Moths have evolved thick 'stealth coats' to stop hungry bats from hearing them fly, claims scientist

Moths have evolved thick 'stealth coats' to stop hungry bats from hearing them fly, one scientist has claimed. 

Moths are a mainstay food source for bats which use biological sonar to hunt their prey, according to Daily Mail.

While some moths have evolved ears that detect the ultrasonic calls of bats, many types of moths remain deaf.

Thomas Neil from Bristol University found the insects have developed what he calls a 'stealth coating' that serves as an acoustic cover.

Dr Neil says moths have evolved passive defences over millions of years to resist their primary predators.

Dinosaurs put all colored birds' eggs in one basket, evolutionarily speaking

A new study says the colors found in modern birds' eggs did not evolve independently, as previously thought, but evolved instead from dinosaurs.

According to researchers at Yale , birds inherited their egg color from non-avian dinosaur ancestors that laid eggs in fully or partially open nests. according to Science Daily.

"This completely changes our understanding of how egg colors evolved," said the study's lead author, Yale paleontologist Jasmina Wiemann. "For two centuries, ornithologists assumed that egg color appeared in modern birds' eggs multiple times, independently."

The ocean floor is DISSOLVING rapidly, study warns (and human activity is to blame)

The chalky white seafloor, made up largely of calcite formed from the remains of marine organisms, is rapidly dissolving as a result of human activity, scientists warn.

This mineral plays a key role in preventing the ocean from becoming too acidic, by neutralizing carbon dioxide in the water, according to Daily Mail.

In several regions, the influx of carbon dioxide is much more than the naturally occurring calcite can handle, causing it instead to dissolve and turn the ocean floor into a murky brown.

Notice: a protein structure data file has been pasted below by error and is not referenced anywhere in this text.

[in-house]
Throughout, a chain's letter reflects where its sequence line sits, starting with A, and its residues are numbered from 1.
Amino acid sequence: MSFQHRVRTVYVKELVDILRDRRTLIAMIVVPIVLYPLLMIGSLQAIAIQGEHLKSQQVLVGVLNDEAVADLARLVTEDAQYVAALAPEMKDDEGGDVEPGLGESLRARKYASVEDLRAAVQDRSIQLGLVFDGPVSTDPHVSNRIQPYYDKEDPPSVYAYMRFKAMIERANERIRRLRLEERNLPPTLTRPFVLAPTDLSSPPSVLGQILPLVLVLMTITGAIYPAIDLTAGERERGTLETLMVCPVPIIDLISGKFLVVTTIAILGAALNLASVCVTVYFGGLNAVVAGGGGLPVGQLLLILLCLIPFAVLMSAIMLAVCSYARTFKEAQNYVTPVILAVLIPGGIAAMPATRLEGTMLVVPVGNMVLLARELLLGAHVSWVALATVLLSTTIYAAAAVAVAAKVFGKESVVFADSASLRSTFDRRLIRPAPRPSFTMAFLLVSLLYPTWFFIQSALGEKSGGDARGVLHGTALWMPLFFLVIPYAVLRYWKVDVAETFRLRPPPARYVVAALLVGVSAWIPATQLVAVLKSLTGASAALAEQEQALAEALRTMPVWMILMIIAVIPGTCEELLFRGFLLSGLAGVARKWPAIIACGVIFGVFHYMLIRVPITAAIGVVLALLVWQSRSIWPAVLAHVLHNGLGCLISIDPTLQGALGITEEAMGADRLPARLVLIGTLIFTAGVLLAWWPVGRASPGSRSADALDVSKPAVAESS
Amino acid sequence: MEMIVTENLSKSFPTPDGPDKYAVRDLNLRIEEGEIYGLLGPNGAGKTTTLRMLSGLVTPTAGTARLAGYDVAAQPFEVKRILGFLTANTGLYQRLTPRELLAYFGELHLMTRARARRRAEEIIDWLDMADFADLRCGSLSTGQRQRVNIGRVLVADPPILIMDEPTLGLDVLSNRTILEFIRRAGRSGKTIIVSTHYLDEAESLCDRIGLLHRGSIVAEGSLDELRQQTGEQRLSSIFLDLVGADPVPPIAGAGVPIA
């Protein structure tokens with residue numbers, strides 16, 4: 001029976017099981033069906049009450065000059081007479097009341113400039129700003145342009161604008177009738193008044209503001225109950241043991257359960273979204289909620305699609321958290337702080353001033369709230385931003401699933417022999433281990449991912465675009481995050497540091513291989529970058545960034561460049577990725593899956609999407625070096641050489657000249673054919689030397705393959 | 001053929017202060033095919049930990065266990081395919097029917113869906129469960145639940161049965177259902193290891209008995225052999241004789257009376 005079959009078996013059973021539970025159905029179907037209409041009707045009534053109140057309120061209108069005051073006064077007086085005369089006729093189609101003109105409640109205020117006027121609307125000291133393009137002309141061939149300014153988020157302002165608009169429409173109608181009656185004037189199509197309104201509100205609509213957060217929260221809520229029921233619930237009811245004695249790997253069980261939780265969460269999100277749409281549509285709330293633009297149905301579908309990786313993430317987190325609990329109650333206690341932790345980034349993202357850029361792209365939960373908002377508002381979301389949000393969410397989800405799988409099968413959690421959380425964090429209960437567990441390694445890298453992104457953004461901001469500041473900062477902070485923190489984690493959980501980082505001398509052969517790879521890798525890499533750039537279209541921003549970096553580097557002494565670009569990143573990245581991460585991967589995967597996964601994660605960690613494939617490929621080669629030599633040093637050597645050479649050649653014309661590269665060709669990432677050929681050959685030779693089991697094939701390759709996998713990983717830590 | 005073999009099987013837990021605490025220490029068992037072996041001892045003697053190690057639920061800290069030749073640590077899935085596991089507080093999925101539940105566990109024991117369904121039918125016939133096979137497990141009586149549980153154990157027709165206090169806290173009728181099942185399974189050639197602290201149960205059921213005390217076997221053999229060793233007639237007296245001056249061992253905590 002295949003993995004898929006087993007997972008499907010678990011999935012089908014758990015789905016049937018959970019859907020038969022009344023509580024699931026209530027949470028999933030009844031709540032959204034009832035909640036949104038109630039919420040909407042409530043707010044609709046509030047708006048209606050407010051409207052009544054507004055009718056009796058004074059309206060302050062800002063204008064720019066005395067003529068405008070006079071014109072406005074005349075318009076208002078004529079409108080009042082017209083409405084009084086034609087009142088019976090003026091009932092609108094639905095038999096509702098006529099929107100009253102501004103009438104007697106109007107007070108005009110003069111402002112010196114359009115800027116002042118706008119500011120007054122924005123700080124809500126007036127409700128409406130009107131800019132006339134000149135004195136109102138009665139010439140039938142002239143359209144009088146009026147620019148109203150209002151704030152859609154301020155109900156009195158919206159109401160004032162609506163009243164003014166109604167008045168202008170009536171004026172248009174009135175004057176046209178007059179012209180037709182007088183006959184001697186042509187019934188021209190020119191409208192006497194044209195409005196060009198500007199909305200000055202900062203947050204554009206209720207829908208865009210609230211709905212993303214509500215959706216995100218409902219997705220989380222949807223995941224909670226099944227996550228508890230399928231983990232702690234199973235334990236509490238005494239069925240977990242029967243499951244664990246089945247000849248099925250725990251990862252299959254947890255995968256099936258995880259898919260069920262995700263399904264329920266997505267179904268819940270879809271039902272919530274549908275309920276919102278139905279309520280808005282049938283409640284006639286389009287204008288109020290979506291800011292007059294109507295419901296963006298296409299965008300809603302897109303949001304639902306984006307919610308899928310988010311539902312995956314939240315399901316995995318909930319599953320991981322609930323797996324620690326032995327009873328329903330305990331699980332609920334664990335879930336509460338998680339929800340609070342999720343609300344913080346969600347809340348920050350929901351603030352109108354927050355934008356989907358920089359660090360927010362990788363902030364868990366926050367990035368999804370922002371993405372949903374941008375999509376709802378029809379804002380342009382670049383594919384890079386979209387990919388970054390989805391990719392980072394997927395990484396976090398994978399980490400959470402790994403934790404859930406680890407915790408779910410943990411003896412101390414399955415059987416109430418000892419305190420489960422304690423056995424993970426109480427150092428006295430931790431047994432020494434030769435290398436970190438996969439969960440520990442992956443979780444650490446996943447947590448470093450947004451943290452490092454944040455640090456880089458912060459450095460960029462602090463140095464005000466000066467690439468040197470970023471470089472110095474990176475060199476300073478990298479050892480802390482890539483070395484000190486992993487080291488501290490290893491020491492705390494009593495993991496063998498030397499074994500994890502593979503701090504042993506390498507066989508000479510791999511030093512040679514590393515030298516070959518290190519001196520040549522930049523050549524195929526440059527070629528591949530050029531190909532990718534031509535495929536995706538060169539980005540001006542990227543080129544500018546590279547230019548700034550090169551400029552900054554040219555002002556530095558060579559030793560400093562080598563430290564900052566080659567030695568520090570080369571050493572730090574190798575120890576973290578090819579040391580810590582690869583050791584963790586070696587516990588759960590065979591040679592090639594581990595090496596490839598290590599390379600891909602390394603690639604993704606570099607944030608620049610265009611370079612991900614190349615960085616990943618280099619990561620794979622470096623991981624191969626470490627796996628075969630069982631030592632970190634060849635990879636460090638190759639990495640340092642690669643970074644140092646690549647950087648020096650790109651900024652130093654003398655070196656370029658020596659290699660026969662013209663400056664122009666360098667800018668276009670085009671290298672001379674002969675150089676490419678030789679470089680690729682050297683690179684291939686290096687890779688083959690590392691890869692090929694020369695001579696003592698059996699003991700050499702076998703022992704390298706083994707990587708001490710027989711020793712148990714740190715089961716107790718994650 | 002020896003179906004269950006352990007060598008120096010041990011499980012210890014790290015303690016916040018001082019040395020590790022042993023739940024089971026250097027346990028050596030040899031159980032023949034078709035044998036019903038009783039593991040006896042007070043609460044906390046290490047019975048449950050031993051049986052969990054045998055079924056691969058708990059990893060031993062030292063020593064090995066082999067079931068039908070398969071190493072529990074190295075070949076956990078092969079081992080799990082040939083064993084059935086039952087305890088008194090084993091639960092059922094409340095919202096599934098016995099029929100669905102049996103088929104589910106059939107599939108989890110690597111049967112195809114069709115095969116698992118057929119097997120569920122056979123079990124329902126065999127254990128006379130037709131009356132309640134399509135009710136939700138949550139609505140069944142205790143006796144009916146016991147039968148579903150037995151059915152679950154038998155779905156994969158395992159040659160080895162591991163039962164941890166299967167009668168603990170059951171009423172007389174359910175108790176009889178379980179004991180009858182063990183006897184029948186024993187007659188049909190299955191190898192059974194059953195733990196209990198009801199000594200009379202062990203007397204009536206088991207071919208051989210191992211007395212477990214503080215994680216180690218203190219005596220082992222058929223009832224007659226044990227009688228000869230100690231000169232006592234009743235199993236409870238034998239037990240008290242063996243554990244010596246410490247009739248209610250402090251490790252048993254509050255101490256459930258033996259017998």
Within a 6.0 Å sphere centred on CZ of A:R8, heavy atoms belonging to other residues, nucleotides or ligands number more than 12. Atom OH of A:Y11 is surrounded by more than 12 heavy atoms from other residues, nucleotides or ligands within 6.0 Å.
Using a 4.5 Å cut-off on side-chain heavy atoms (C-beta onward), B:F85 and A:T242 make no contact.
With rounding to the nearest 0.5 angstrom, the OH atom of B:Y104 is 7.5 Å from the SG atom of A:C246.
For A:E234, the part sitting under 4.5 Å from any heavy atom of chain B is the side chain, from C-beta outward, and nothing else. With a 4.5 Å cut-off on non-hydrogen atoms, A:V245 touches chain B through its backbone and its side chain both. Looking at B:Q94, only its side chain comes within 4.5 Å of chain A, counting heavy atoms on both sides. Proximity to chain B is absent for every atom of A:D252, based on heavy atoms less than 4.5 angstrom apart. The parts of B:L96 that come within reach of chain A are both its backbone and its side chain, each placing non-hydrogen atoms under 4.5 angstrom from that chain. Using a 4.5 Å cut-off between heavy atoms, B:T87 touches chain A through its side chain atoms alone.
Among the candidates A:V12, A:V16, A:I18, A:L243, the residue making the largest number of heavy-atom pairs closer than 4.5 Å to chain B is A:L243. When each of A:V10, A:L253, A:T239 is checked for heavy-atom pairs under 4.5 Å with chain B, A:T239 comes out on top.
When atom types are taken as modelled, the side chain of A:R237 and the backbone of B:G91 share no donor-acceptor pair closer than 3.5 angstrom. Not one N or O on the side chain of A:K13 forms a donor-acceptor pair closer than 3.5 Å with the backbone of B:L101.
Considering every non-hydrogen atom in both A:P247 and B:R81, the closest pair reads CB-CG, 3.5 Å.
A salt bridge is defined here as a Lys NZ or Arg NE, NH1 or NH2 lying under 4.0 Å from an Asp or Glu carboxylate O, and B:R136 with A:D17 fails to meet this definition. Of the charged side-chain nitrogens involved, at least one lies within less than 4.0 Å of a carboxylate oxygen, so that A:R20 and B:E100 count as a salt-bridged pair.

According to a new study from McGill University the phenomenon occurring in these areas is likely just a glimpse at what will soon be a much bigger issue.

Birds startled by moving sticks

Do animals -- like humans -- divide the world into things that move and things that don't? Are they surprised if an apparently inanimate object jumps to life?

Yes -- according to scientists at the universities of Exeter and Cambridge.

The researchers tested how jackdaws responded to moving birds, moving snakes and moving sticks -- and found they were most cautious of the moving sticks according to Science Daily.

How spider eyes work together to track stimuli

Using a specially designed eye-tracker for use with spiders, biologists Elizabeth Jakob, Skye Long and Adam Porter at the University of Massachusetts Amherst, along with colleagues in New York and New Zealand, report that their tests in jumping spiders show a secondary set of eyes is crucial to the principal eyes' ability to track moving stimuli, according to Science Daily.

As Jakob explains, jumping spiders have excellent vision and eight eyes. The forward-facing principal eyes are shaped like long tubes inside the spider's head, with small, boomerang-shaped retinas that can detect color and fine details. Small retinas mean that the principal eyes also have a small field of view, she adds. To compensate, the eye tubes are surrounded by muscles that can direct the eyes to look within the visual field. She says, "I like the analogy of a flashlight beam, shining around the room and picking out only a little bit of the scene at a time."